Edmonton Happenings: Streetcar Shows Edmonton

Singer Ken Stead performs for us atop the High Level Bridge.

Streetcar Shows Edmonton has been chugging along since 2013. Founded by Tad Hargrave and Zizi Lievers with Peter Seal hosting and photographing events, it’s probably one of the city’s true gems. These are intimate concert experiences taking place on electric streetcars run by the Edmonton Radial Railway Society. I’ve been registered to their mailing list — currently closed on their site, so check their Twitter page or join their Facebook group for updates — for two or three years now, but I always found it difficult to get my hands on tickets. By the time I’d read the newsletter and linked over to Eventbrite, the 32 spots would already be sold out.

The streetcar being prepped for our trip across the High Level Bridge.

This year, I happened to sign into my webmail account at just the right moment and I snagged two tickets for the inaugural show of the 2018 season. I was ecstatic to finally be going to a Streetcar concert. Taking place last Thursday, May 17, we arrived at the train platform located behind the ATB Financial Arts Barn in Old Strathcona about 15 minutes prior to embarking. Peter checked our names off of his list and we waited until we were told to climb on. NOTE: There are no washrooms on board. If needed, make sure to use the one in the barn beforehand.

Ernie, one of the drivers of the streetcar, gave us a history lesson.

The restored streetcar had two drivers for the night, but Ernie was our guide. He gave us a little bit of a history lesson as the vehicle made it’s way down the tracks towards the middle of the High Level Bridge. Moving along, Edmonton’s downtown skyline eventually game into view. Once we’d come to a full stop, Peter introduced our performer of the evening, Ken Stead. While he sang (and joked), the river and traffic flowed quietly beneath us as we basked in the slowly setting sun.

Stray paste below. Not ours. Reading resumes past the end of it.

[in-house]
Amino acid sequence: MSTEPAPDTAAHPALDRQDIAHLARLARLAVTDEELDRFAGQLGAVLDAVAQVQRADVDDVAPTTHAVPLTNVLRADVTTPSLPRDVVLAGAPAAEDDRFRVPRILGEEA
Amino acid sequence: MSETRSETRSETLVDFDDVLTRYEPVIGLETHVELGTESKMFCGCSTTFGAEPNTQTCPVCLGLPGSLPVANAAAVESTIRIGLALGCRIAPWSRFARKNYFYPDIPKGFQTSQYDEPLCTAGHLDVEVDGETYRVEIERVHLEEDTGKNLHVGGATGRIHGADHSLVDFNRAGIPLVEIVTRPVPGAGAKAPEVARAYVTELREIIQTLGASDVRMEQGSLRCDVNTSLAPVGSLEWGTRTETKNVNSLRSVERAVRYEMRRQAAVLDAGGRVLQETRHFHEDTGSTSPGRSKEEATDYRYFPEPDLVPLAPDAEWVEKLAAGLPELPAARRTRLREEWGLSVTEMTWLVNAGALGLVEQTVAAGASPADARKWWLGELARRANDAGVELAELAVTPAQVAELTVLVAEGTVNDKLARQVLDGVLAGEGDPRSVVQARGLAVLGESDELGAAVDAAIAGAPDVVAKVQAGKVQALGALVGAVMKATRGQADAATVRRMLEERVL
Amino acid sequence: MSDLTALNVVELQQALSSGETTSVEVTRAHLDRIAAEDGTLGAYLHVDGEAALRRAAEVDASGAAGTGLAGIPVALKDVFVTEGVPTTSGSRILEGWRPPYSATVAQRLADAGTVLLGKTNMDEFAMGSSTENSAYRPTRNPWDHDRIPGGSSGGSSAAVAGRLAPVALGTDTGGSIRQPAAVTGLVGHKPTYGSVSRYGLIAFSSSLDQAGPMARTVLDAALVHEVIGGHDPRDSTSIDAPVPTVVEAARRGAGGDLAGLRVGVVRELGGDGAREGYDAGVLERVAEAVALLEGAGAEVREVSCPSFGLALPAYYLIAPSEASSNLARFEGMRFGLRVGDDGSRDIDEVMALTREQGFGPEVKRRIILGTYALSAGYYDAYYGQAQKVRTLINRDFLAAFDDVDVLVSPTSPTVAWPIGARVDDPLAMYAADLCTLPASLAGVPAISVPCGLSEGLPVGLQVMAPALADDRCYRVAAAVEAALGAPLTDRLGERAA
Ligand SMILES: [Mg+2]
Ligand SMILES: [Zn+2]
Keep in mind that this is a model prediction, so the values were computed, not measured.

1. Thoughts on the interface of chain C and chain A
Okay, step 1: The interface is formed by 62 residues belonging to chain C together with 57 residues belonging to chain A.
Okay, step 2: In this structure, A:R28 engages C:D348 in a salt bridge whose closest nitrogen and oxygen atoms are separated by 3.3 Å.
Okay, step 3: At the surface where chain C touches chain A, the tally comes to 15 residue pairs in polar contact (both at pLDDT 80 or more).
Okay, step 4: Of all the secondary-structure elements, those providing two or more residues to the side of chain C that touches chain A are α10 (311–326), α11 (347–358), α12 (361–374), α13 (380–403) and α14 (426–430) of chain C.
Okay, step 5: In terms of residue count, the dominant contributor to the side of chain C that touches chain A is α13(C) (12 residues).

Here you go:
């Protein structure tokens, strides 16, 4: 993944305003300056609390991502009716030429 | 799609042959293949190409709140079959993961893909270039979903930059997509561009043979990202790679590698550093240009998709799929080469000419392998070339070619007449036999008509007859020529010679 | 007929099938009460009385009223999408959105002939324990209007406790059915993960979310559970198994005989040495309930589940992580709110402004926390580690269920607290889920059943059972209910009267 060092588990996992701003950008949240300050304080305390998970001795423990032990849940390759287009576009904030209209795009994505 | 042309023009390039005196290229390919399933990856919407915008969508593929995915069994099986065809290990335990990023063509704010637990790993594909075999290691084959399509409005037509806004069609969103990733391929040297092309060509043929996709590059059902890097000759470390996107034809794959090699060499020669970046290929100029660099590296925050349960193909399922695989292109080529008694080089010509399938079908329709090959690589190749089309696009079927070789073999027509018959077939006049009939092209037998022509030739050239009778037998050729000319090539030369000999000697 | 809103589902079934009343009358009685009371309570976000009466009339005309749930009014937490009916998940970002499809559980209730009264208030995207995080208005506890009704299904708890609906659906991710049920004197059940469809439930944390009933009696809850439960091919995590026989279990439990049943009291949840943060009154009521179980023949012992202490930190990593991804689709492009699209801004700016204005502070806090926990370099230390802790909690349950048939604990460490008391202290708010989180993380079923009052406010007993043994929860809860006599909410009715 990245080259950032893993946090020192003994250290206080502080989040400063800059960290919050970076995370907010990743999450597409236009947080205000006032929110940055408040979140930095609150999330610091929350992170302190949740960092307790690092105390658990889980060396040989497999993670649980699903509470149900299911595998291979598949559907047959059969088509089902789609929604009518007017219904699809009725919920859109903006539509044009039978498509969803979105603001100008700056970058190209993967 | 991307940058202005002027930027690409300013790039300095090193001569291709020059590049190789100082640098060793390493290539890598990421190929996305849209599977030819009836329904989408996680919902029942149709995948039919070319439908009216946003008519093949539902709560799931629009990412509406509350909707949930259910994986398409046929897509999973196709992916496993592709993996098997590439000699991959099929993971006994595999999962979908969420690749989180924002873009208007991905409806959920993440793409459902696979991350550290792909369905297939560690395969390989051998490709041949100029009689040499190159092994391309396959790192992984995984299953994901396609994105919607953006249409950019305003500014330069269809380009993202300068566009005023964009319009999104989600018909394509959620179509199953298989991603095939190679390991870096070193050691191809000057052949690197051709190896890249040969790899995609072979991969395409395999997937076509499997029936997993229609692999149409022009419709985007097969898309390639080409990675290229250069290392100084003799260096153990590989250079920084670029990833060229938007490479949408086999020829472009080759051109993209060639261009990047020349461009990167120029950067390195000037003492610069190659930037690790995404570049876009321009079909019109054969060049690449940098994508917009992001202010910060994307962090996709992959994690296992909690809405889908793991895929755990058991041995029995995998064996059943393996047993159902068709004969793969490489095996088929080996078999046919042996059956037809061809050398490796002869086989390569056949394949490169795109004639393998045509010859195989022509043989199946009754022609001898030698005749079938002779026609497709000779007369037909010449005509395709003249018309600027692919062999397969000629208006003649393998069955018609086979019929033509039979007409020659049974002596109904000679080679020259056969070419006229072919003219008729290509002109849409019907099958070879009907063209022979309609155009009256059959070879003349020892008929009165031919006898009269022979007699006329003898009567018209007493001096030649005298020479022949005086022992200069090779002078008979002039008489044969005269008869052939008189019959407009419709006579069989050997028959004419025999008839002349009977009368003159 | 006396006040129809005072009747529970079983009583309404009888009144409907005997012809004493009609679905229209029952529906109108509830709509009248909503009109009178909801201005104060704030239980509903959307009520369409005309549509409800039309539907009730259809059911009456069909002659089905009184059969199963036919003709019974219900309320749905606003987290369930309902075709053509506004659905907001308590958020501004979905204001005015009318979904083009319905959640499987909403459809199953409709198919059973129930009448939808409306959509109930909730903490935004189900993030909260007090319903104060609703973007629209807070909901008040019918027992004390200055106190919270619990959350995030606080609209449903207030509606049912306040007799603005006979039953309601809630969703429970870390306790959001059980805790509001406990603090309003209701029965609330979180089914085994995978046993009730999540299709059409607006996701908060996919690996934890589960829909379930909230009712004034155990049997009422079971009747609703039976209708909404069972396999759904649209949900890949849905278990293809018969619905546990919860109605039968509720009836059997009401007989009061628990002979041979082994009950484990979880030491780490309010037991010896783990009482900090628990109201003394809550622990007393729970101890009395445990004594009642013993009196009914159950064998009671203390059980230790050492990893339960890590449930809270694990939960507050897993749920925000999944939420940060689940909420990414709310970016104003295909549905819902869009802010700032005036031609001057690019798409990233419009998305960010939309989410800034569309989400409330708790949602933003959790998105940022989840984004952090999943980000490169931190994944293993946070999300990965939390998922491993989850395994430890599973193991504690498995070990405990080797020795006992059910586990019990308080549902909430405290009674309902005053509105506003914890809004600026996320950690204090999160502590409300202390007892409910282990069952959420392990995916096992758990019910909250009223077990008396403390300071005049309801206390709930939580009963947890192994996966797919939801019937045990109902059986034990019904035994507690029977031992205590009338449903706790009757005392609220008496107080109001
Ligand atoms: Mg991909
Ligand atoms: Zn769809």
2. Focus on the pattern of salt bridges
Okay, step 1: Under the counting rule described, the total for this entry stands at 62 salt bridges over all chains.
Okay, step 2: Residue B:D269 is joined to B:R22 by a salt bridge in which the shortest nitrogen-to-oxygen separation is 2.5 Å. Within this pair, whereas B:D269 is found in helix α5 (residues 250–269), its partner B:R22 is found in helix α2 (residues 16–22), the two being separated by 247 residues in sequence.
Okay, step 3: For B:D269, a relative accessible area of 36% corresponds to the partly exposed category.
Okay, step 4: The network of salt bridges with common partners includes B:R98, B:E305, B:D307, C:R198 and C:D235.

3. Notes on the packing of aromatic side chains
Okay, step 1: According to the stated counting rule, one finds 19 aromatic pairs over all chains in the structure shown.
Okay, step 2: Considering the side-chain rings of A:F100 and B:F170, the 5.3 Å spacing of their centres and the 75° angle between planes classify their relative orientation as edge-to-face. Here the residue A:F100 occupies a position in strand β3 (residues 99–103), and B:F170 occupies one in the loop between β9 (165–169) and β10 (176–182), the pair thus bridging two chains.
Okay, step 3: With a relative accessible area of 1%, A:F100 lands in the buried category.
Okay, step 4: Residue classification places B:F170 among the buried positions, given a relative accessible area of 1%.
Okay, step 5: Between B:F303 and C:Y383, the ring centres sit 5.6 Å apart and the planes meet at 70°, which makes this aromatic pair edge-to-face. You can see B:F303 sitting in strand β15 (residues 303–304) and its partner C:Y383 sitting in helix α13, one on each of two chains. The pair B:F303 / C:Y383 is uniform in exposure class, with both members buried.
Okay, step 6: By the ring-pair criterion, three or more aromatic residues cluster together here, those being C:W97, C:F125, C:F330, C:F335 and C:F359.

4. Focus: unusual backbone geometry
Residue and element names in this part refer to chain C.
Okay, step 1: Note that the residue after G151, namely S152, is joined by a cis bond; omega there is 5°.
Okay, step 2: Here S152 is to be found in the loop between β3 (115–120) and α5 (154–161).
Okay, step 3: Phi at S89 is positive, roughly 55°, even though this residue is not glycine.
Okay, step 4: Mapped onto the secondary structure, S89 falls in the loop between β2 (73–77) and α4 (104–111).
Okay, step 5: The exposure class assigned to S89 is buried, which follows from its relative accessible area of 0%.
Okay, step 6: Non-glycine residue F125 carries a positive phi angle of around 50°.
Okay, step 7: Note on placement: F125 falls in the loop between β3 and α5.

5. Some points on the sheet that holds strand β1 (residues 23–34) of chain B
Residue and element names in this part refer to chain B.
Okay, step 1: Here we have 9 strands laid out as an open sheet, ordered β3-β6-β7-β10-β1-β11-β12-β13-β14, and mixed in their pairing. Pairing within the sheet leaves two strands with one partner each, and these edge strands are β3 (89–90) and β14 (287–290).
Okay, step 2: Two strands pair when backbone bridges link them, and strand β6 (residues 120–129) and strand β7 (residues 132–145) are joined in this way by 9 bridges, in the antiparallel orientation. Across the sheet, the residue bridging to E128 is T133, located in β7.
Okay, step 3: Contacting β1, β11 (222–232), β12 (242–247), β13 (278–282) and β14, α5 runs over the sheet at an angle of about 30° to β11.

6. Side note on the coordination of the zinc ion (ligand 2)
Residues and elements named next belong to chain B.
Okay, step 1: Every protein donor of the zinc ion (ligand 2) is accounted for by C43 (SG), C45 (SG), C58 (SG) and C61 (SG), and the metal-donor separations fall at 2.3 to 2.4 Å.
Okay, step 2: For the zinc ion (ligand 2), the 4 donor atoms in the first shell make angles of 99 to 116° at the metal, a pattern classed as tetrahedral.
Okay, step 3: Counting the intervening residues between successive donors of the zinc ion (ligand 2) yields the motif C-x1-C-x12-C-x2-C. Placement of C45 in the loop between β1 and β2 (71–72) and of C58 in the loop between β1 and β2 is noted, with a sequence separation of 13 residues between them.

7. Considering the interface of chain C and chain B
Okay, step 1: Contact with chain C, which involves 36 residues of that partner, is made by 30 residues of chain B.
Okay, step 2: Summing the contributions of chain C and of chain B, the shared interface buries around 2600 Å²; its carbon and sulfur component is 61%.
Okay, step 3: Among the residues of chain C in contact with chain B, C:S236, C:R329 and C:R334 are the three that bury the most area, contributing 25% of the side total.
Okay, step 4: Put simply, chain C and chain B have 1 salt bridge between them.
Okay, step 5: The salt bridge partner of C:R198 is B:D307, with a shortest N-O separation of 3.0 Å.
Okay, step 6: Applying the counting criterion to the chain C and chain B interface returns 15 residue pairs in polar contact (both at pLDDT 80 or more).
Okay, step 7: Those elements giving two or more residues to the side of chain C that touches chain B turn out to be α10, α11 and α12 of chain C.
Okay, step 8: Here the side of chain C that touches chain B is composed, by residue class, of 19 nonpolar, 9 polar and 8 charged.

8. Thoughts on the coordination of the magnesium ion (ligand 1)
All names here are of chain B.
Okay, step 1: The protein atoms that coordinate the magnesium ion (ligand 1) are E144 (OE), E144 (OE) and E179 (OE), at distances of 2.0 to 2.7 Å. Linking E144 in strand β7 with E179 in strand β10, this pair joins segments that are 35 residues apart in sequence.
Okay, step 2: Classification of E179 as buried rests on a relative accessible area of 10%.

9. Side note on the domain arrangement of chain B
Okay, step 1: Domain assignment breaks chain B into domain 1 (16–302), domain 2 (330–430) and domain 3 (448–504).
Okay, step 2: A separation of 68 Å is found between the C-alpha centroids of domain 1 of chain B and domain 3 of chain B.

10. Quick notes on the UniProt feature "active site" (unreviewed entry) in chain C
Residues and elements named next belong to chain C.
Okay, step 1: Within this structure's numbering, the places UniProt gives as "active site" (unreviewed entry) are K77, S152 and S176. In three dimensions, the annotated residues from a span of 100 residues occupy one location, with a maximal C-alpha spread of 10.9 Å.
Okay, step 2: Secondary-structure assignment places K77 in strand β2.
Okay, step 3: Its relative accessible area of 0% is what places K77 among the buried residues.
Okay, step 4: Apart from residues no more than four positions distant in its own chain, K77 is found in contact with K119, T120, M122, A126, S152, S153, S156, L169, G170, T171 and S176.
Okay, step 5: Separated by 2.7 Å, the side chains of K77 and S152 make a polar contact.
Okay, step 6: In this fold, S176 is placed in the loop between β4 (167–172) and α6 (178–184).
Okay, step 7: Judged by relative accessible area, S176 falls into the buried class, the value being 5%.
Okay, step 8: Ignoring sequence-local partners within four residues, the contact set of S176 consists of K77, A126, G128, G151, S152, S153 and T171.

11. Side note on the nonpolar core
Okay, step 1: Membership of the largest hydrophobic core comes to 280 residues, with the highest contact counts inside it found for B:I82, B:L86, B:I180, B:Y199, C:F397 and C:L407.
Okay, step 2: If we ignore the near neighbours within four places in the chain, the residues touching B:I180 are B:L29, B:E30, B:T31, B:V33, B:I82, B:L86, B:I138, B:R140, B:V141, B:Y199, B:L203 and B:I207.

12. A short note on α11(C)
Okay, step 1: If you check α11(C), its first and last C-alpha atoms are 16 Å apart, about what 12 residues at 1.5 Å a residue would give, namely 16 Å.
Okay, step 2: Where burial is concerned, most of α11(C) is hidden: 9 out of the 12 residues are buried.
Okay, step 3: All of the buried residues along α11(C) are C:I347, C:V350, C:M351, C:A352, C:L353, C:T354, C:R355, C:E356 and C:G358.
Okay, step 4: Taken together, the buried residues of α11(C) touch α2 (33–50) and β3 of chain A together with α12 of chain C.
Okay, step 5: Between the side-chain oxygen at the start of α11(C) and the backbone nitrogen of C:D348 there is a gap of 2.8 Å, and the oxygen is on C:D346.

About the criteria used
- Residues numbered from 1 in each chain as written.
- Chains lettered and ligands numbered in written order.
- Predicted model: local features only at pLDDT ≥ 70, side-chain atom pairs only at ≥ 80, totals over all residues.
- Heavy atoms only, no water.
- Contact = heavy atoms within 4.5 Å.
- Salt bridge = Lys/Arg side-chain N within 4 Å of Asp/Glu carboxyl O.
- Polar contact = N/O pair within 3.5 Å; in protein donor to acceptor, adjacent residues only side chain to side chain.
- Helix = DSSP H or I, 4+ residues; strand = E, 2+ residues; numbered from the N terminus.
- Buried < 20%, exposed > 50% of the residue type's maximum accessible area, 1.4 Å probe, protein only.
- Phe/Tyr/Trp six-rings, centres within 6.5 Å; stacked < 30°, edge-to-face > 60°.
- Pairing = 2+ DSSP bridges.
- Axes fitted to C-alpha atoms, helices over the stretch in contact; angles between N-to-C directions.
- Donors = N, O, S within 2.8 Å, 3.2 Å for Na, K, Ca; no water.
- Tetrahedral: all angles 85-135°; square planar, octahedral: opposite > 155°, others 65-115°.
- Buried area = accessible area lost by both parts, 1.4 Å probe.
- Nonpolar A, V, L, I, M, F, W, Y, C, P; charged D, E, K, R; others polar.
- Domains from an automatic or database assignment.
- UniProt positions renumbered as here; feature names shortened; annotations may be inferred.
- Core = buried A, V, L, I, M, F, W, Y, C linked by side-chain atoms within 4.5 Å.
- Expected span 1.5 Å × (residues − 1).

Ken Stead, born and raised in Edmonton, and now residing in Calgary, has a soulful voice. Despite living in Canada, his Irish-Scottish background seems to come out, in the form of a slight lilt, when he speaks. He flipped between his own original songs and covers that ranged from Foy Vance to Bill Withers, fully encompassing the persona of a down-to-earth folk-rock artist.

 

Lasting about 45 minutes, the first half of the show went by quickly. The streetcar then trundled northward towards the other side of the High Level Bridge. We were supposed to take a break at the stop directly across the street from the Legislature Building, but the driver overshot it, and we ended up going all the way to the Grandin Station terminal. There, we were able to get off and stretch our legs while the musical equipment was shifted to the other end of the streetcar. The backrests of all the seats were flipped to face the opposite direction, allowing passengers to be seated again in the direction of travel. It also gave all of the riders an opportunity to be closer to the show as those who previously sat at the front were now at the rear of the train.

Out on the bridge once more, we were treated to another 45 minute set. Being above the water, it started to get chilly as the darkness fell, but the close quarters and the music helped to warm me to my soul. As we returned south, we came to a surprise standstill in a heavily graffitied tunnel for one final (sing-along) song. It sounds like this is something they do at every show, but I won’t give every single detail away. All I can say is that it makes for a special moment.

Inside the tunnel at the end of the night.

Two hours after our departure, we found ourselves back where we started our musical journey. It’s definitely a night that neither my fiancé or I will ever forget. It was so much fun, and I’m already itching to go to second Streetcar Show as soon as possible. Haven’t been yet? I urge everyone to follow their pages. You may luck out and catch a post about tickets in the nick of time.

Edmonton Happenings: MINBID MINBattle 2018 Launch Party & Art Battle

Co-founder of MINBID, Michel Côté, was one of the artists drawn to participate.

From what I know, MINBID (short for Minimum Bid) has existed for at least 5 years in the underground art scene of Edmonton. The collective began as a gathering of local creators; it gave them an outlet to share work with their peers and the public. The showings doubled as auction events, too, providing a way for artists to gauge the value of their pieces based on the highest bid received.

The banner ad for their 2018 MINBattle.